By Deb Near, ACP Supervisor
Who isn’t in awe at the sight of the majestic symbol of our country soaring overhead? The bald eagle is indeed a majestic creature, awe-inspiring due, in part, to its rarity.
Although not so rare anymore.
They are not necessarily a common sight, but one has a good chance of spotting bald eagles in parts of Houston and nearby areas. In fact, the Houston area contains more eagles than any other part of Texas. The Webster eagles are a famous pair that have, for the past several years, returned to their nest on private property in the town of Webster. They even have their own webcam! See them here at: https://www.facebook.com/groups/WebsterTexasEagleWatchers. There have also been recent sightings of pairs in places like the Woodlands, Tomball, White Oak Bayou, Hermann Park, San Jacinto Battleground, Pearland, Alvin, and Armand Bayou Nature Center in Pasadena.
The bald eagle has been our national symbol since 1782. At the time there were as many as 100,000 nesting pairs (the bald eagle mates for life, and it is the only eagle unique to North America).
Unfortunately, due to a confluence of several events, the bald eagle was in severe decline by the 1960’s, down to approximately 450 pairs nationwide, and only 5 in the entire state of Texas.
This decline was mostly down to 3 factors:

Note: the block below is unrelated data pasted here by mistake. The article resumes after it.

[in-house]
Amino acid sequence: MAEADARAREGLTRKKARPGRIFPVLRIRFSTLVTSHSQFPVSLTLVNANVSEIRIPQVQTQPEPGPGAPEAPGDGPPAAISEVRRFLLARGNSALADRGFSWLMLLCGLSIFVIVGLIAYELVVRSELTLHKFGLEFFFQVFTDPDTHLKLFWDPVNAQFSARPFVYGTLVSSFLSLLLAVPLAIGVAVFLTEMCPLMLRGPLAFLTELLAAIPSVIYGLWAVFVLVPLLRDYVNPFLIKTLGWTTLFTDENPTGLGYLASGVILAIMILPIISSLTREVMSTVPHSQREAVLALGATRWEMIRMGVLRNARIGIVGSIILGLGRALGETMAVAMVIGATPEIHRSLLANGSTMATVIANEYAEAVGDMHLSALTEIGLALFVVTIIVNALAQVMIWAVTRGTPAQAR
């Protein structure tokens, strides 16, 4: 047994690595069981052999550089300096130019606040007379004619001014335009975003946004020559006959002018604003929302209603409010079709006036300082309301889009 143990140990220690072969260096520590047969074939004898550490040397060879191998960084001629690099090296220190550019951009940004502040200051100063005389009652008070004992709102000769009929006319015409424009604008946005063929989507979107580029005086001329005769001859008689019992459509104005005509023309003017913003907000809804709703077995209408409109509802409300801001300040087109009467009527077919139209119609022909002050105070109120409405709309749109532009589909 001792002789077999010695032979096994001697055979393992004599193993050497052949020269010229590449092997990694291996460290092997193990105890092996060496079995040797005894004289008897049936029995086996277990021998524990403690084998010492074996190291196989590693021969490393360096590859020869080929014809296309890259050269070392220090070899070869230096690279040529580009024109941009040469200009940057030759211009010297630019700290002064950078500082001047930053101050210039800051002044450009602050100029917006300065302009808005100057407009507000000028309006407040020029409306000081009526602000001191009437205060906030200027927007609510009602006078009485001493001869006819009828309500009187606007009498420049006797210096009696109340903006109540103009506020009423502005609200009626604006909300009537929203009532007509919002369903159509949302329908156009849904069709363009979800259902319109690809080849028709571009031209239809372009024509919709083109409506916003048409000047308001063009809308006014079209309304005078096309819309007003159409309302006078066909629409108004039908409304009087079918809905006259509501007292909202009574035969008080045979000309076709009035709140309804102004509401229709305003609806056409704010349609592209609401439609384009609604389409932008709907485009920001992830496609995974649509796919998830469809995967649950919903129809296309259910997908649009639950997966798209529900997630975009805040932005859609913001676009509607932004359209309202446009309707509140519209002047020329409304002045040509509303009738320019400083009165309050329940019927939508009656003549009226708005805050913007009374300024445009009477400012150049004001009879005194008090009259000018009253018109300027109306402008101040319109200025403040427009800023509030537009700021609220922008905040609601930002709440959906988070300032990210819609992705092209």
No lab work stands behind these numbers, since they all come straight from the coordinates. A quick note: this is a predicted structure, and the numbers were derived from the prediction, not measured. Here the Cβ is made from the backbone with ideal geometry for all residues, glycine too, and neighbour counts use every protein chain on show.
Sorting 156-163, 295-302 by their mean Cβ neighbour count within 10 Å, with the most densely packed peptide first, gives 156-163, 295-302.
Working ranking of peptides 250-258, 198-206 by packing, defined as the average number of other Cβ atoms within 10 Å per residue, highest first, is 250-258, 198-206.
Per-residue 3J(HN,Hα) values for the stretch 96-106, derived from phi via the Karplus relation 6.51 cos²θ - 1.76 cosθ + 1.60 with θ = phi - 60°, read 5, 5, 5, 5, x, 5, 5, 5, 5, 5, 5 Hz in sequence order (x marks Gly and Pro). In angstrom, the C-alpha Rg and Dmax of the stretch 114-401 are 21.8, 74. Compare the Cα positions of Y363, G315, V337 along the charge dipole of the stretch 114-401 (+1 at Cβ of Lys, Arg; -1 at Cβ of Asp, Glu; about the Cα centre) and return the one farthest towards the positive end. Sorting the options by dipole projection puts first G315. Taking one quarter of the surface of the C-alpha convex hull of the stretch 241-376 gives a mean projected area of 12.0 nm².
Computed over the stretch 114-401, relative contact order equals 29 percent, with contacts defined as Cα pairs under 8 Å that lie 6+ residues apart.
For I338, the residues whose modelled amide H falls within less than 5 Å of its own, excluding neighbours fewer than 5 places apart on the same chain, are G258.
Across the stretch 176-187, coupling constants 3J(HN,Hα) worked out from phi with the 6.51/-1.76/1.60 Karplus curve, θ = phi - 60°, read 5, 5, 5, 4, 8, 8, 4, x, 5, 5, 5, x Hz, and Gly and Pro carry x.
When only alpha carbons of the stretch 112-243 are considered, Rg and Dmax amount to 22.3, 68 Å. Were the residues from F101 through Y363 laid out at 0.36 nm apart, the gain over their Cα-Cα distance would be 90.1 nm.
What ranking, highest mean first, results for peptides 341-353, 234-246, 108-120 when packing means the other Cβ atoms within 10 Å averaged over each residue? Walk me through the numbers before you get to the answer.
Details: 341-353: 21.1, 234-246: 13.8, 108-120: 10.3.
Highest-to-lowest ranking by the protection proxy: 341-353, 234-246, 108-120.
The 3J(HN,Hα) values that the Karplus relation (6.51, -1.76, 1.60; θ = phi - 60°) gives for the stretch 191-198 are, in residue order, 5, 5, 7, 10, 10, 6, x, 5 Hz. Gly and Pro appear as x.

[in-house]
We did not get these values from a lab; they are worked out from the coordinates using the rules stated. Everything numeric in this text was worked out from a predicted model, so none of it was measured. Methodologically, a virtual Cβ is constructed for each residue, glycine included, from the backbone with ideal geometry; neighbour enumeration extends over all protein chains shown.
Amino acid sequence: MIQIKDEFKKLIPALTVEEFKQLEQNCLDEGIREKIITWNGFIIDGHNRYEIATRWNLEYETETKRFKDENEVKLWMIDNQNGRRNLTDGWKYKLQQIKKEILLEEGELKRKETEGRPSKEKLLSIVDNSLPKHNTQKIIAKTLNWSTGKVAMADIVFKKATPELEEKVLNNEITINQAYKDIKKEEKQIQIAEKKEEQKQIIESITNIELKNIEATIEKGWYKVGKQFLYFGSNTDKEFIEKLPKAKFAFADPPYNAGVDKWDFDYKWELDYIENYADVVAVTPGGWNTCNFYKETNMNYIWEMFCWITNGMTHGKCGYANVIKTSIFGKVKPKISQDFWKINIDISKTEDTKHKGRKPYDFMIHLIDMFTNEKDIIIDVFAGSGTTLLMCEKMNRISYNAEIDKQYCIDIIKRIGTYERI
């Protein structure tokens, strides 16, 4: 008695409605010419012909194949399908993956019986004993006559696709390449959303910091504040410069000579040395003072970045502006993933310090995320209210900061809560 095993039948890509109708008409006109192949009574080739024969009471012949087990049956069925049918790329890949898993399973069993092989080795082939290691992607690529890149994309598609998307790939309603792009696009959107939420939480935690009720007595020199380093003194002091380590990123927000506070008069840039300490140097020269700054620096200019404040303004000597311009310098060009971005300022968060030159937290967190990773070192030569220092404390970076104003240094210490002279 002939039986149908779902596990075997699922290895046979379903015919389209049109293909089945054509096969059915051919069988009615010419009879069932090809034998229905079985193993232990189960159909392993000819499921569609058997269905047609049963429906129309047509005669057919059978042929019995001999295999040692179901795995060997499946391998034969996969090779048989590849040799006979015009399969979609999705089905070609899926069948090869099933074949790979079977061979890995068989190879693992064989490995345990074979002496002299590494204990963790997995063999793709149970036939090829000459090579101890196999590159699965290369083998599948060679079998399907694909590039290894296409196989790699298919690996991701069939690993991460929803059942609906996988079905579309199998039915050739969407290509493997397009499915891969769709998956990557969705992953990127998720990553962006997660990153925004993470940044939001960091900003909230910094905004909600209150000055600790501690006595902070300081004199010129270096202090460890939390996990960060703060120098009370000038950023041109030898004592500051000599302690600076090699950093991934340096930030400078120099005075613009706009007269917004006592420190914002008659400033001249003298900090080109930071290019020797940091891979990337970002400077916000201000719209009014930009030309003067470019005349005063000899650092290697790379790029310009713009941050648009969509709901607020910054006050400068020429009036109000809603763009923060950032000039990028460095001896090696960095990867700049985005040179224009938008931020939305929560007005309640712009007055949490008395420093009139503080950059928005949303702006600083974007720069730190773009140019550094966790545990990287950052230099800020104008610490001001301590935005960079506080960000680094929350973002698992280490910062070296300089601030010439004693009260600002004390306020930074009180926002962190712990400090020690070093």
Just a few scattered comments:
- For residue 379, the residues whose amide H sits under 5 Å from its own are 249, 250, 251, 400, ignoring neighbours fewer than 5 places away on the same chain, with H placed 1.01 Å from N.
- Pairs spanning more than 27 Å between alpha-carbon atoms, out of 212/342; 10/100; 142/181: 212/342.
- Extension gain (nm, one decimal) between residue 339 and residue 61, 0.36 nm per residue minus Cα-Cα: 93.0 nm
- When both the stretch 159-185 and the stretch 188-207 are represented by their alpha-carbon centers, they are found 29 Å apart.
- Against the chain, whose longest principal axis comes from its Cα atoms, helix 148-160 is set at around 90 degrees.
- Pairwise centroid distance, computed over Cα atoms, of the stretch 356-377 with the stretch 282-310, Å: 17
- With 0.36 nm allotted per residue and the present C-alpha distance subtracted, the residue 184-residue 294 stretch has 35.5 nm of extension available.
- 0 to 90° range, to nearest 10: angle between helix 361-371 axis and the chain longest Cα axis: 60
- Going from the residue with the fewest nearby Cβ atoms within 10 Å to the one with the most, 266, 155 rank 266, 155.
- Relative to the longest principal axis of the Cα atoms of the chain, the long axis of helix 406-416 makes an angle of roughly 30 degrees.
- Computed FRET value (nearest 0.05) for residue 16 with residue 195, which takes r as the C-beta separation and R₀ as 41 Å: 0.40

- Shooting/hunting. Fish and waterfowl are the main staples in the eagles’ diet, but they also were known to prey on small domestic livestock. So, ranchers and farmers would shoot these birds whenever they were seen flying overhead.
- Loss of Forested Habitat. Eagles like to nest in tall trees near water sources such as lakes and rivers. Urbanization has, of course, had a great effect on these creatures.
- The use of the pesticide DDT. Eagles became poisoned by this chemical after eating contaminated fish. DDT makes their eggshells more fragile, leading to reproductive failure.
Threatened with extinction, several steps were taken at the federal level to help protect them. The Bald Eagle Protection Act was created in 1940 as a first step. The Endangered Species Preservation Act in 1967 gave them further protections. In 1972 they were added to the Migratory Bird Treaty Act, and in 1978 they were put on the endangered species list.
Thankfully, the eagle has made an impressive comeback in recent years due to the banning of DDT in 1972, conservation efforts at habitat restoration, and the legal protections mentioned above. Due to these efforts, there are now approximately 10,000 mating pairs nationwide, with around 150 in the state of Texas. They were removed from the list of endangered and threatened species in 2007.
Because winter will be arriving soon, the likelihood of seeing bald eagles in the Houston area will increase. Winter is when breeding pairs create their nests and have their babies. Migratory eagles will be settling in along with the southern year-long residents. So, keep your eyes peeled, while at the same time keeping your distance and respecting their space.